Wedgwood Collection 'could still be sold'

  • Published
Wedgwood Museum
Image caption,
The Museum Trust has said it will take the matter to the courts

The unique Wedgwood Museum collection does not have protection from being sold off to plug a pension fund black hole, the Charity Commission has said.

The museum, in Barlaston, was put into administration in March after the transferral of a £134m pension debt from the collapse of the pottery firm.

The Commission was asked by the Museum Trust to see if the collection was exempt from being sold.

The Trust has previously said it will take the matter to court.

Waterford Wedgwood Plc went into administration in January 2009 and after the Museum Trust inherited its pension debt, fears escalated that it may have to sell valuable artefacts to fill the black hole.

The Commission described the collection as a "valuable part of Britain's industrial heritage".

In a statement, a spokesman said: "The Commission was asked to provide advice on whether the Wedgwood Collection is held as permanent endowment and might therefore be protected, or whether it is part of the charitable company's corporate property which is available to creditors.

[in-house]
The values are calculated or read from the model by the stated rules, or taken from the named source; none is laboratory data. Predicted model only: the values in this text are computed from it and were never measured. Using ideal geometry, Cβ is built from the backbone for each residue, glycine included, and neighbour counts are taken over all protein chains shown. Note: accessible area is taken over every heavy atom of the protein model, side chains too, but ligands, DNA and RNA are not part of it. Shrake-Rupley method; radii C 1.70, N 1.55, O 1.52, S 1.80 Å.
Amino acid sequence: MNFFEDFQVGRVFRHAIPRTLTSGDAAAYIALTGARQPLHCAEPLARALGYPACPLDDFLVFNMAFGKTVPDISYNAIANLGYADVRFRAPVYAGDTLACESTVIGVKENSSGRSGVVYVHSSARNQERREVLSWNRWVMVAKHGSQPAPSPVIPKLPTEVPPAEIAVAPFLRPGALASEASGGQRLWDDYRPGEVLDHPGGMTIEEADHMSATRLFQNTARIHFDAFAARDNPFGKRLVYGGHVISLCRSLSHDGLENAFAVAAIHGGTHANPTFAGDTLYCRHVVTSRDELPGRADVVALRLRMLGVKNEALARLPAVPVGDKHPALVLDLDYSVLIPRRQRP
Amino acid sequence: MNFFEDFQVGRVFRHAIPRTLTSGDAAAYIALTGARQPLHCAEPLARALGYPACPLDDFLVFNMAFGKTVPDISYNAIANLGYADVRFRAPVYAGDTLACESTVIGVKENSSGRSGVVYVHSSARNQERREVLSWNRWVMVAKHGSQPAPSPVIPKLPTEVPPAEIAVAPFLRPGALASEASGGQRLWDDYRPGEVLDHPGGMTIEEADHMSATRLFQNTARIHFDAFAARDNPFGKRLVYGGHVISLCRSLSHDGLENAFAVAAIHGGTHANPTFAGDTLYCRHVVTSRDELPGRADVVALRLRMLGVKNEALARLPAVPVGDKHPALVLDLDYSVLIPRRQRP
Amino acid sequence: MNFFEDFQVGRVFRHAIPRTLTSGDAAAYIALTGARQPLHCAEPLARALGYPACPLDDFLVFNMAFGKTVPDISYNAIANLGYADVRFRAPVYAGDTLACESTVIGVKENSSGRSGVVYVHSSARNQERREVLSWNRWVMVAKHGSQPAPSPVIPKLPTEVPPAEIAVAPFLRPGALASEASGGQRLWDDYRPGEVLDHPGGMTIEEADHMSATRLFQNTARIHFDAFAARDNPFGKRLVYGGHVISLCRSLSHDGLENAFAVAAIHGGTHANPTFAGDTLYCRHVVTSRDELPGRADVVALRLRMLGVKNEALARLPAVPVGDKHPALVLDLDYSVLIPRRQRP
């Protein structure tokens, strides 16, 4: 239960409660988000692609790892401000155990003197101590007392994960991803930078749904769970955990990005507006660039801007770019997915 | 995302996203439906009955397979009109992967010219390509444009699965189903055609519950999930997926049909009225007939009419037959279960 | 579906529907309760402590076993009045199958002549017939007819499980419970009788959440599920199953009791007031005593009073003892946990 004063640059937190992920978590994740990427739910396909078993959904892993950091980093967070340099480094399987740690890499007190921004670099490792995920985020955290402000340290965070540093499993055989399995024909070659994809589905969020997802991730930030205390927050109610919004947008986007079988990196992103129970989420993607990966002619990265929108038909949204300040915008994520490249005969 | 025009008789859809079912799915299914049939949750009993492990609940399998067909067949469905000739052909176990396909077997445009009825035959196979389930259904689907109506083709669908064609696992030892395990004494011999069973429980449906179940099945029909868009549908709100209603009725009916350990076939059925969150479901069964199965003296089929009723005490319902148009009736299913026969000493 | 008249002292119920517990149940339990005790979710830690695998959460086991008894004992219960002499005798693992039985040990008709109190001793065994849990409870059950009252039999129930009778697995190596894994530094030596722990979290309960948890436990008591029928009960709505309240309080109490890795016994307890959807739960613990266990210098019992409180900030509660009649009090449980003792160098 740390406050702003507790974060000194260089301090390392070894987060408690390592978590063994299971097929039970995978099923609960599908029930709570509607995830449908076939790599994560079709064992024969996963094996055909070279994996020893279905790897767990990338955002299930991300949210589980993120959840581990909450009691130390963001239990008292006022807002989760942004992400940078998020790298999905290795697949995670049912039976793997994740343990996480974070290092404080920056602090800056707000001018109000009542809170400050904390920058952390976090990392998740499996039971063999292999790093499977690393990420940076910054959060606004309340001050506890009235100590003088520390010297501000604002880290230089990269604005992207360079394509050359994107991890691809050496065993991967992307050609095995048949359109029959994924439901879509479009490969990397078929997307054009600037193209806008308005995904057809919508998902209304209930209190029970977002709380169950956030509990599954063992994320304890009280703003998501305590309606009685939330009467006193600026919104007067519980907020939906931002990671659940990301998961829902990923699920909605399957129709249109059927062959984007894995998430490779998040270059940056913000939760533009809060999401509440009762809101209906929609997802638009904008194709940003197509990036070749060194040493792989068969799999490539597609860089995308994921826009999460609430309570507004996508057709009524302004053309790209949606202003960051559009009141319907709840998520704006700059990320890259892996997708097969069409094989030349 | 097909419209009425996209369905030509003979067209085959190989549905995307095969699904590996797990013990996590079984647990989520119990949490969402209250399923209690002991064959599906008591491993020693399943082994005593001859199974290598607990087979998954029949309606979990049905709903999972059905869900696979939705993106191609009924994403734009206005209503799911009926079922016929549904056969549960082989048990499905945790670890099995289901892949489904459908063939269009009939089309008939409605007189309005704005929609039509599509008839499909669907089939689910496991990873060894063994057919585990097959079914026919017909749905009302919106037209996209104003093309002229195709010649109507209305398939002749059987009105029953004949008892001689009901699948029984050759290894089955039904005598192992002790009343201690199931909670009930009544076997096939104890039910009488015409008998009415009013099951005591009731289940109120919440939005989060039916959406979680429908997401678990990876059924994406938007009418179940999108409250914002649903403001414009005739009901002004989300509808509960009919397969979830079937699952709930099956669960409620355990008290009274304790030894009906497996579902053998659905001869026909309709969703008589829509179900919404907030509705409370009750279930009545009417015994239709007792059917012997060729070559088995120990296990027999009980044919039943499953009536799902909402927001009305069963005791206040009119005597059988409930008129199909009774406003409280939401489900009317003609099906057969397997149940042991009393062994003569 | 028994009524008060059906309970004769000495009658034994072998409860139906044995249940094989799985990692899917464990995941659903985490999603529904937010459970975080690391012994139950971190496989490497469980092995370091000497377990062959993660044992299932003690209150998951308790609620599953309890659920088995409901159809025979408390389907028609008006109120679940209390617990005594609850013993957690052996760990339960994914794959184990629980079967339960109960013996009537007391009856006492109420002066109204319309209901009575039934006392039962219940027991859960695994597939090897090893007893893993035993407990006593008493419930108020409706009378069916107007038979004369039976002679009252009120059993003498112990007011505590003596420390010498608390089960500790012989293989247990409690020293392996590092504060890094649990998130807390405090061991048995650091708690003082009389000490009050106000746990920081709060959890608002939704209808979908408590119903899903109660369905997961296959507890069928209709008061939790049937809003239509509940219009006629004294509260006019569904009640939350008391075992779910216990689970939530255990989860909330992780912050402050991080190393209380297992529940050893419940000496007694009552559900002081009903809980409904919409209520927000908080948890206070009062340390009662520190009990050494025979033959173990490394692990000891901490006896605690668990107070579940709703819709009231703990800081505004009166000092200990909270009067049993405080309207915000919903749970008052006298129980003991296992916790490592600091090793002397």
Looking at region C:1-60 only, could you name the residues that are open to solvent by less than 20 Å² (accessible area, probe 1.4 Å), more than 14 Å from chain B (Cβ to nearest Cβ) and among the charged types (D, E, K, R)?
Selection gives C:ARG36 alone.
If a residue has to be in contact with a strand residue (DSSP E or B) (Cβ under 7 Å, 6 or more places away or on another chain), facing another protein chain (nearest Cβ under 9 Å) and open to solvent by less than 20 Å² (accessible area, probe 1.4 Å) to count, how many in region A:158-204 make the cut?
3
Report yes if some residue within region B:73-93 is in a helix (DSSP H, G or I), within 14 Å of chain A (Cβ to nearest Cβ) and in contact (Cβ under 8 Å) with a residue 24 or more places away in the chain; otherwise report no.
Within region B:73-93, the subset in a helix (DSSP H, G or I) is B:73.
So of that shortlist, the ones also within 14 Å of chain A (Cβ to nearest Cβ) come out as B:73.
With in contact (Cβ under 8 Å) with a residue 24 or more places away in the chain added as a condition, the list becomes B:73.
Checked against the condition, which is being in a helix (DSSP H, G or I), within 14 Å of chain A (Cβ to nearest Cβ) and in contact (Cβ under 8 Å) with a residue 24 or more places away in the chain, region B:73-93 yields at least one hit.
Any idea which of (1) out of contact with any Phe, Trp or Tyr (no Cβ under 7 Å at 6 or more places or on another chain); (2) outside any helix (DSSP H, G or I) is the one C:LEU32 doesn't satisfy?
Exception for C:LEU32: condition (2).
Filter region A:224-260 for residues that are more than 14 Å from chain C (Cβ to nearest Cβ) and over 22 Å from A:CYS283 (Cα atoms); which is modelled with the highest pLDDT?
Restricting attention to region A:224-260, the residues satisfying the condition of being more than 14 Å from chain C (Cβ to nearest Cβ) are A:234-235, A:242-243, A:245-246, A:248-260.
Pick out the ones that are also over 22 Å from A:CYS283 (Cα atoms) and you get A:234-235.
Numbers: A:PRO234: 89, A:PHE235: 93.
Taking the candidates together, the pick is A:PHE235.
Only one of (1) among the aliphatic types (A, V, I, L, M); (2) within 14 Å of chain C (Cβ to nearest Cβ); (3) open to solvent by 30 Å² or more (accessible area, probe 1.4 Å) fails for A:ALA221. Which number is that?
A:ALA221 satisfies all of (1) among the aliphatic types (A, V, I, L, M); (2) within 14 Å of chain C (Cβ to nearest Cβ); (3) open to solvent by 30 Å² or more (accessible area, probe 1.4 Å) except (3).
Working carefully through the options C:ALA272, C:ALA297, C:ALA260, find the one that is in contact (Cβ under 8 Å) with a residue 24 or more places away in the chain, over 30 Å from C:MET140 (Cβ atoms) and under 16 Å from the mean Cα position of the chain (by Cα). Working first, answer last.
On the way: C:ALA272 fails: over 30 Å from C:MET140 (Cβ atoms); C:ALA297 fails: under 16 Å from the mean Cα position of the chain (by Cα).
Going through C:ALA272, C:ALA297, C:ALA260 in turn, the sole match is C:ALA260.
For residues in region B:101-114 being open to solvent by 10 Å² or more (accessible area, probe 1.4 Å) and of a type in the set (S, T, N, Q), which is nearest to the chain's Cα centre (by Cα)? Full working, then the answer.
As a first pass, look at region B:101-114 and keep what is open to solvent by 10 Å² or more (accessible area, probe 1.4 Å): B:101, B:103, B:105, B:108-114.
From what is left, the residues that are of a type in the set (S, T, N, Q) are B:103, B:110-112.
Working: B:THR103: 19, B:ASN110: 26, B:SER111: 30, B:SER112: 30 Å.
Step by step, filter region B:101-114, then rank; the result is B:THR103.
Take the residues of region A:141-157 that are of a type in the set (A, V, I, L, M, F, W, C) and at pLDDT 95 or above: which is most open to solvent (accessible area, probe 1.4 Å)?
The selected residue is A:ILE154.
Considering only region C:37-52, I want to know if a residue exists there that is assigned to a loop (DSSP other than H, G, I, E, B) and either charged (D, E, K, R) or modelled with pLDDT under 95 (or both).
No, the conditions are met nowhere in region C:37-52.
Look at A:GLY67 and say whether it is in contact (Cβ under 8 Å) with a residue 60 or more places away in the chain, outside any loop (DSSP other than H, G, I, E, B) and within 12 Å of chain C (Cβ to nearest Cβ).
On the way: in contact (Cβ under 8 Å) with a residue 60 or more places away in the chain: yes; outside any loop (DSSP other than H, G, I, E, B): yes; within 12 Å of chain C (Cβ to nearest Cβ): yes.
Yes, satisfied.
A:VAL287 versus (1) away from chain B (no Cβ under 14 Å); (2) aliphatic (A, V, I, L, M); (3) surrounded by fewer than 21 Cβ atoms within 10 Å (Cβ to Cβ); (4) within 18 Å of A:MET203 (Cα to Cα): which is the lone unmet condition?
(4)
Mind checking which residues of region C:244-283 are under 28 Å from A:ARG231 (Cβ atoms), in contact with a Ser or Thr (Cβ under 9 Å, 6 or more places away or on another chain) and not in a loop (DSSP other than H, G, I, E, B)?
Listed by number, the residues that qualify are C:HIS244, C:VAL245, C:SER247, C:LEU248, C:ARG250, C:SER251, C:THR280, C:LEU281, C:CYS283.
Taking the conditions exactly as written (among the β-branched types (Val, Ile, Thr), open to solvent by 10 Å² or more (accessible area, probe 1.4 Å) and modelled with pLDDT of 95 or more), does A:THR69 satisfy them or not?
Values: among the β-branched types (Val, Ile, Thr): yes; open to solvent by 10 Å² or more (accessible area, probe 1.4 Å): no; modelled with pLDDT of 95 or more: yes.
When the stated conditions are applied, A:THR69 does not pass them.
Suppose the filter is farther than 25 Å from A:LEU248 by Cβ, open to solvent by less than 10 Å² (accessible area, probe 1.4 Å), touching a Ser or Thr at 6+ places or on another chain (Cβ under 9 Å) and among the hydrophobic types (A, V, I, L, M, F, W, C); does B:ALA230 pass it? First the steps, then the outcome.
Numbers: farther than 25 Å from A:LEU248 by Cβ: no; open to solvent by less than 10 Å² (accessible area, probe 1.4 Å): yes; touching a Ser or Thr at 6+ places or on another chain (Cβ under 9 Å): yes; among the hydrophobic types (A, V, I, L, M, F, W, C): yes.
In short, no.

"Unfortunately it is our considered view that the museum's Collection is not protected.

"This decision is not one where the Commission can exercise any form of discretion.

"Our conclusion is based on the facts of the case and the way the law applies to them."

'Absolute certainty'

The Commission said usually, the views of its experts were sufficient for trustees but said a court could provide a definitive ruling.

"Because we appreciate that the Wedgwood Collection is a very valuable part of Britain's industrial heritage, and given the importance of what is at stake, we accept that there is a need for absolute certainty and therefore it is appropriate for this matter to be settled by a court," the spokesman added.

"Steps are now being taken which may lead to such a ruling."

Last week, the Wedgwood family said it was devastated at the prospect of the pottery collection being sold.

A group of MPs, including Stoke-on-Trent Central Labour MP Tristram Hunt and Bill Cash, Conservative MP for Stone, debated the issue at Westminster Hall last Tuesday.

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